The Good Wife Season 5 Review “The One Percent”

We’ve spent a long time in the latter half of the season discussing the death of Will Gardner. It was certainly justified given the shocking nature and the ripple effects it caused. The show wallowed in it, discussed it, investigated it, and casually mentioned it. Now, the show seems as if it is ready to move on. Will’s death is only briefly mentioned and not even by one of the show’s major characters. As a result, this episode absolutely zips along. It’s one of those enjoyable episodes of The Good Wife that doesn’t amount to much in terms of the show’s long form story, but has lots of amazing personalities and performances to make it wildly entertaining.

Perhaps the most entertaining elements of the episode came from the shenanigans of Louis Canning. Michael J. Fox seems to relish the opportunity to play a less than ethical person given his typical public persona. It takes a lot of hard work to take someone with that high of a Q rating, and make them a believable scumbag. But that’s exactly what Fox is on this show, and it’s fantastic. Watching him inspire chaos and havoc in the courtroom has been one of the delights of the show’s run. If Canning is really dying, it’s a shame, because the show can still get a lot of mileage out of him.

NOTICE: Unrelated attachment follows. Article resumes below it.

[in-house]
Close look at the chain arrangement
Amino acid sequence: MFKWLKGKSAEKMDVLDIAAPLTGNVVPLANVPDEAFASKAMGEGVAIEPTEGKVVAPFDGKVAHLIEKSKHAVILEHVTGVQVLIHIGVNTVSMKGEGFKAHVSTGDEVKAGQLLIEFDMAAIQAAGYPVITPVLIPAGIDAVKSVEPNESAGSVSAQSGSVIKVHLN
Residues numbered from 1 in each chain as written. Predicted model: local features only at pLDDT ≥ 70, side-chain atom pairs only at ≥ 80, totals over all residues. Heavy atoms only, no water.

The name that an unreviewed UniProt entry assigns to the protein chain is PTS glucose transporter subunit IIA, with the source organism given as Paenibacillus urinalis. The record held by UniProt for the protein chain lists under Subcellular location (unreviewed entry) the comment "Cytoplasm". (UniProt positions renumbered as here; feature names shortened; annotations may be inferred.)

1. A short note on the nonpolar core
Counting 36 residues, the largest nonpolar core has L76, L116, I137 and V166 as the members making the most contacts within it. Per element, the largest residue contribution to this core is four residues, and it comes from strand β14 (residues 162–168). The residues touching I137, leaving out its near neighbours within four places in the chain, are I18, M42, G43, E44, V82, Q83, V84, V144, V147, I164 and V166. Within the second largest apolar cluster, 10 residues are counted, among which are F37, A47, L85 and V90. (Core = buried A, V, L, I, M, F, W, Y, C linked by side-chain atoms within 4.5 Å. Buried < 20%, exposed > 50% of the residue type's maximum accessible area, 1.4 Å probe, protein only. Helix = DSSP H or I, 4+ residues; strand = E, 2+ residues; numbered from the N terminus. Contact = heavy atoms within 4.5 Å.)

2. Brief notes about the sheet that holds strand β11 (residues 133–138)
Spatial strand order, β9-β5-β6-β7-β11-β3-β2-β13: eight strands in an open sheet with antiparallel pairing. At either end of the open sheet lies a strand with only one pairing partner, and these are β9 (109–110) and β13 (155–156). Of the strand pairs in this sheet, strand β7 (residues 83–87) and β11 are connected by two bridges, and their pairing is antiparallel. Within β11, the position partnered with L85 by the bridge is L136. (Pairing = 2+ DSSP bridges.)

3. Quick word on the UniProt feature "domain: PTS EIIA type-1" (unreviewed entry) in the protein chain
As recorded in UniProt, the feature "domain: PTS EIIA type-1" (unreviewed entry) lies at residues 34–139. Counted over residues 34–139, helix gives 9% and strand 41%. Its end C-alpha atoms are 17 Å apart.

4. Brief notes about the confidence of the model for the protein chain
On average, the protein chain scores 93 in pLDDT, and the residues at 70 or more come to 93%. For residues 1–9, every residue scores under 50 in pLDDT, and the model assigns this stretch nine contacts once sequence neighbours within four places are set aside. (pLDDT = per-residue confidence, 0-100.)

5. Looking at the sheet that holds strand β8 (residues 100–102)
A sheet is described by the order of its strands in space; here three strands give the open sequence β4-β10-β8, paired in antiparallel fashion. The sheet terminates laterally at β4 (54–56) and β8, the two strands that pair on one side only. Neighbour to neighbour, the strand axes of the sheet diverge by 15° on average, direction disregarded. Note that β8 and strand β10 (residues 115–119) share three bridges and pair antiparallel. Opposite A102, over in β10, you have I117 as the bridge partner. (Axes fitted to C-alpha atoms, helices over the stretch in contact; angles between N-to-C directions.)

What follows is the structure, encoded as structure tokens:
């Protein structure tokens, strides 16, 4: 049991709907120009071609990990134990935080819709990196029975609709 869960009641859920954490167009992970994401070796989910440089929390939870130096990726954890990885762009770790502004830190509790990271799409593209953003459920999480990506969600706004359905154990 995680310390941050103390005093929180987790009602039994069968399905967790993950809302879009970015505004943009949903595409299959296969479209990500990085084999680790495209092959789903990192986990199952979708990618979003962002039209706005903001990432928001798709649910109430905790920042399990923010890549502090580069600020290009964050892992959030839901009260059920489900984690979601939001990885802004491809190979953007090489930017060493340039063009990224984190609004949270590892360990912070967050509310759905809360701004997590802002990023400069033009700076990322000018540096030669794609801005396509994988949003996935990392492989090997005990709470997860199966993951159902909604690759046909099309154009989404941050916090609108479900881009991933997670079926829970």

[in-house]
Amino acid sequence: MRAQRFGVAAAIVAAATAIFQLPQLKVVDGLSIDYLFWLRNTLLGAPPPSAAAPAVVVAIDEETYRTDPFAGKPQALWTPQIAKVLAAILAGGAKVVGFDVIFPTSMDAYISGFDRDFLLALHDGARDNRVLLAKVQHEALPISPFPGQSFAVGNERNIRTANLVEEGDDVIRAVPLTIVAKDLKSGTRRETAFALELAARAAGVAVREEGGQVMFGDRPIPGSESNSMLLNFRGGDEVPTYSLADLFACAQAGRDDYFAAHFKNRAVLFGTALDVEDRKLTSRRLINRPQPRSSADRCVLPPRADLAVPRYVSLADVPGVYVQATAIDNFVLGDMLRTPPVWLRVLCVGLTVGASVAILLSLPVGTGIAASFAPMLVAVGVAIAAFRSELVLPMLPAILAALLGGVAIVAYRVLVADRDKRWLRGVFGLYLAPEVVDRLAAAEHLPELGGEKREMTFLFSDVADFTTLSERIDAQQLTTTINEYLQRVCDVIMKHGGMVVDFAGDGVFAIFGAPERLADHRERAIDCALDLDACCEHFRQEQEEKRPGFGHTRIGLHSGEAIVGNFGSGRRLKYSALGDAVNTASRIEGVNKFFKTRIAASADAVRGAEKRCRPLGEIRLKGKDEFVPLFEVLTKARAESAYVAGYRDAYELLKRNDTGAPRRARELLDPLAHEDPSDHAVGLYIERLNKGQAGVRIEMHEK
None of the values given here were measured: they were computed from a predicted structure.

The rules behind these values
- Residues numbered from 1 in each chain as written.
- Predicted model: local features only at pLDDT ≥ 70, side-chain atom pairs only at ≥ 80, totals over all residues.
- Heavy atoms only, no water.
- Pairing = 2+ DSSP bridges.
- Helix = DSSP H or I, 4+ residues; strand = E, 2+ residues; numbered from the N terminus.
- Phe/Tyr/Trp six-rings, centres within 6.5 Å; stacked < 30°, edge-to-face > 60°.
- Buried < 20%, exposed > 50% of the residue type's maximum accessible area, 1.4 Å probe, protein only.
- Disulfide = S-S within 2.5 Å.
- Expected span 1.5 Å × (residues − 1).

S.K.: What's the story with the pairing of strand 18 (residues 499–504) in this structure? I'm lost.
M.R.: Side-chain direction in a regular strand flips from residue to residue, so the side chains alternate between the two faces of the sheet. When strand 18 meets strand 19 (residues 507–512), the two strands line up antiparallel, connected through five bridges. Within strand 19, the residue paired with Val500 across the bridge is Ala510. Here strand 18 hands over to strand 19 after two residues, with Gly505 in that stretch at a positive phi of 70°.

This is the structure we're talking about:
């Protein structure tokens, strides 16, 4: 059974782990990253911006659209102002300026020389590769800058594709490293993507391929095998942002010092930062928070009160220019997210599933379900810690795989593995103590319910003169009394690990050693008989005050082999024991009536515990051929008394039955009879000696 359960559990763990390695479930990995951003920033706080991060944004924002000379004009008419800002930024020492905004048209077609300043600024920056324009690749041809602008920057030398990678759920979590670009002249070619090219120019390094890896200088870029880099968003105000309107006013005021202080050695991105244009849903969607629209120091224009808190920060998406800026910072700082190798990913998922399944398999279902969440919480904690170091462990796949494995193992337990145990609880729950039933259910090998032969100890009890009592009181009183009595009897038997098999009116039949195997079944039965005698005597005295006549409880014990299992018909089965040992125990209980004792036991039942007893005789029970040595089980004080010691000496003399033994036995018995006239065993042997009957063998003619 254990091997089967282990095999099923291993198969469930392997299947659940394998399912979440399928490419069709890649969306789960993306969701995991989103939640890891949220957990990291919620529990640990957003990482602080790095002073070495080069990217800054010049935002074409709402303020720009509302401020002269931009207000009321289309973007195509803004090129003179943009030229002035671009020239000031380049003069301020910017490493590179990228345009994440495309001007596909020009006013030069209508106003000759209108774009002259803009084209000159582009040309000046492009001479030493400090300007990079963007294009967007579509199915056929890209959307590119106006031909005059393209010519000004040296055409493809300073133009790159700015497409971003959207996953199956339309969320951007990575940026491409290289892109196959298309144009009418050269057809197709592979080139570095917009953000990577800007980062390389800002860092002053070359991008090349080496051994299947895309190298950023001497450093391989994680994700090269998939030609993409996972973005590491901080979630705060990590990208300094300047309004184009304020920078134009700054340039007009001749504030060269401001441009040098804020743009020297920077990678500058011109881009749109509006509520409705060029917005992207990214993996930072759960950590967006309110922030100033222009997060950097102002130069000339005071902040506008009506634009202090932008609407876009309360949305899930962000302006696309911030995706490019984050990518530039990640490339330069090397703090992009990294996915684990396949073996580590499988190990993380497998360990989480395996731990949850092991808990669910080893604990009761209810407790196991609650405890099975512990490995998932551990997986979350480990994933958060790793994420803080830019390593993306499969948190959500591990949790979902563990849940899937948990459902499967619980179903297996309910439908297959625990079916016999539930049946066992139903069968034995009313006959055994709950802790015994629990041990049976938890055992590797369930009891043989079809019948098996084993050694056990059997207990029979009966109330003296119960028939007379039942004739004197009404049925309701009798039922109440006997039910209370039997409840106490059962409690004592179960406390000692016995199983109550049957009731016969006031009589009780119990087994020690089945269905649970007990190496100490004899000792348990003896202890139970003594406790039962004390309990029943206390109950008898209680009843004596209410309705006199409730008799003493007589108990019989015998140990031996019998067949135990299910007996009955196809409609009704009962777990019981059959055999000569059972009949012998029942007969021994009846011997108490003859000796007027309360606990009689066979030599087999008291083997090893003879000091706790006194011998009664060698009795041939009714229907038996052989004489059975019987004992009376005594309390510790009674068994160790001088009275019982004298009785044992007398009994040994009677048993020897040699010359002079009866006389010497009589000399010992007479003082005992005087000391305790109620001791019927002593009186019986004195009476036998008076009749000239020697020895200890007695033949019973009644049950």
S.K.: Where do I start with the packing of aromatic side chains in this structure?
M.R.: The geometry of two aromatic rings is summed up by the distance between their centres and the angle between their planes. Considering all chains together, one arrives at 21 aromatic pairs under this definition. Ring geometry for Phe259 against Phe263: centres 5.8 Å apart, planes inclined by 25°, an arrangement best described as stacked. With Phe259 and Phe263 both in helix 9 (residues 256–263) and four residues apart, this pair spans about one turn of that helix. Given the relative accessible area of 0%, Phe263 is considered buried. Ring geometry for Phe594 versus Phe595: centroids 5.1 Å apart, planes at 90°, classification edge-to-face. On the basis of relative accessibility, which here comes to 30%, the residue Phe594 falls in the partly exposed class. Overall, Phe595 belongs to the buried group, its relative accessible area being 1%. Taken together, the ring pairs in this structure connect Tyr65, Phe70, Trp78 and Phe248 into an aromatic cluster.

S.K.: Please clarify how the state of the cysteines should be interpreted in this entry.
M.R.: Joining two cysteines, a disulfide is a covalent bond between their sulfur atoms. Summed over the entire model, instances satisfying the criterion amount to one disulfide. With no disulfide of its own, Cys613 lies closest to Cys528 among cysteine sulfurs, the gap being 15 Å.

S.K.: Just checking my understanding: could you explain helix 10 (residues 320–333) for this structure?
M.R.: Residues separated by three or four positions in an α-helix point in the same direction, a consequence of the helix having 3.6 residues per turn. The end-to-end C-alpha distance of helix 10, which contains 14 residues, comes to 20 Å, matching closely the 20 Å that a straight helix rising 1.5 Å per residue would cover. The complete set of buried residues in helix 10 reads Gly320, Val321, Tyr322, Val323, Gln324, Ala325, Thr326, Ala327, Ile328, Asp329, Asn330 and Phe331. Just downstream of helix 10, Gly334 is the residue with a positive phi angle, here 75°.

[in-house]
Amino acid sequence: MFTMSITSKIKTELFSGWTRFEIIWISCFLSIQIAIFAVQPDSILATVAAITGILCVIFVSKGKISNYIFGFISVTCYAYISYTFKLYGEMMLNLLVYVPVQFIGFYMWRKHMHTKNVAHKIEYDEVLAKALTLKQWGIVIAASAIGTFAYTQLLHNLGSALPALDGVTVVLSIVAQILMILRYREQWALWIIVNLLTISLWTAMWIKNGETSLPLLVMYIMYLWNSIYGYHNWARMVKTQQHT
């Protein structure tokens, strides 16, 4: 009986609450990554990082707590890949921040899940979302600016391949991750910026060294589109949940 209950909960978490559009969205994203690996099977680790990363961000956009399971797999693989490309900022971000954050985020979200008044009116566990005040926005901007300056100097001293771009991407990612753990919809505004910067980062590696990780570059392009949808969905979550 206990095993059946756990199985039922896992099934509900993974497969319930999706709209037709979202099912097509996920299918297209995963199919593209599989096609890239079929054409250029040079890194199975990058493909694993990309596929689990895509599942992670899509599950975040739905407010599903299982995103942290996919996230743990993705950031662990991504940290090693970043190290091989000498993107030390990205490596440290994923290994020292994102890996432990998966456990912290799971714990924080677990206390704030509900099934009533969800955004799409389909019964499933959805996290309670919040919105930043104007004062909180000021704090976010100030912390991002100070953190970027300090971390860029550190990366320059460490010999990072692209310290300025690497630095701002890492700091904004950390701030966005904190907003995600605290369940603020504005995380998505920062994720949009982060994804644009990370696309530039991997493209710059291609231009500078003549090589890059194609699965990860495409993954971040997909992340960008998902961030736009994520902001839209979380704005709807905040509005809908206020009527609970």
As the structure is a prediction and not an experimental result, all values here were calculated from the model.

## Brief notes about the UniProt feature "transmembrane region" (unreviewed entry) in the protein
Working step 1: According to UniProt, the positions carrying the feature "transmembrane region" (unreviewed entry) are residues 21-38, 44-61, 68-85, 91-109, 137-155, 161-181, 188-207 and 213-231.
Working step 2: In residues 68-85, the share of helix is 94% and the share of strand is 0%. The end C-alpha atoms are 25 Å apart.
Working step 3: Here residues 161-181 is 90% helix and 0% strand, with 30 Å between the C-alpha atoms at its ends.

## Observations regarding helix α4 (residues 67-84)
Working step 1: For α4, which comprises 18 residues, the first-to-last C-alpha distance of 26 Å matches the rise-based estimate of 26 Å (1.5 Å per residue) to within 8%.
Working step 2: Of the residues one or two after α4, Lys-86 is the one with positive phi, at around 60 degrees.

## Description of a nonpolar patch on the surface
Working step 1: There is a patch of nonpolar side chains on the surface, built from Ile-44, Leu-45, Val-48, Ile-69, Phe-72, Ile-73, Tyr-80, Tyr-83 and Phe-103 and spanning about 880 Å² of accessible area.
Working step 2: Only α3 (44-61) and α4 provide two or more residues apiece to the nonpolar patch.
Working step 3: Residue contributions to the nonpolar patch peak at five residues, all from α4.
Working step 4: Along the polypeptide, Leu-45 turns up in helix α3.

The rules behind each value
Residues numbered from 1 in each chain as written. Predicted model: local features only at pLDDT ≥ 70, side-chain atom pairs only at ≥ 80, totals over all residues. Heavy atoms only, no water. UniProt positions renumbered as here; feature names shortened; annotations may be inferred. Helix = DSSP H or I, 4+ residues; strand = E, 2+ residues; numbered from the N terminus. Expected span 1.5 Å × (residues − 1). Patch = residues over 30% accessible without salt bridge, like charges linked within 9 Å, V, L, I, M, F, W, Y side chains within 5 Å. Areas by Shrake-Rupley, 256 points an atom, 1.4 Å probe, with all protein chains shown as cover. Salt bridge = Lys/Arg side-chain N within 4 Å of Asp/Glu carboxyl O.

Much like last week, I was really impressed with what the writers gave Julianna Margulies to work with. I’ve never been overly interested in what Grace and Zack are doing, but I always enjoy what their usage gets out of Alicia. We get so tied into courtroom drama and backroom power plays that the show can struggle to show a person’s humanity. Alicia with her kids in her living room is a bit of a glimpse into the show’s more human elements. Apparently these people do go home, and not all of them do it just to have sex with Kalinda.

I did enjoy a great deal of the episode, but I could not be less interested in the state of the Florrick marriage. As the Governor, Peter Florrick seems like a man who is easily swayed by is emotions. Show him a few pictures of his estranged wife, and it’s enough to change his decisions on public policy. Doesn’t seem like the best fit for a high level political figure. I get that he still loves his wife, but the show is ready for Alicia to move on. It functions far better with the image of Alicia Florrick that’s the incredibly talented partner of an up-and-coming law firm, not the several times betrayed wife. The show is ready to take off in a new direction, but the rehashing of these old issues continue to slow it down.

With only one episode remaining, it doesn’t seem like we’re getting some big crescendo to the season. That’s fine considering we’ve had several along the way in this season of The Good Wife. Your mileage will very on each inflection point, but now it’s time to enjoy the cruise to the finish.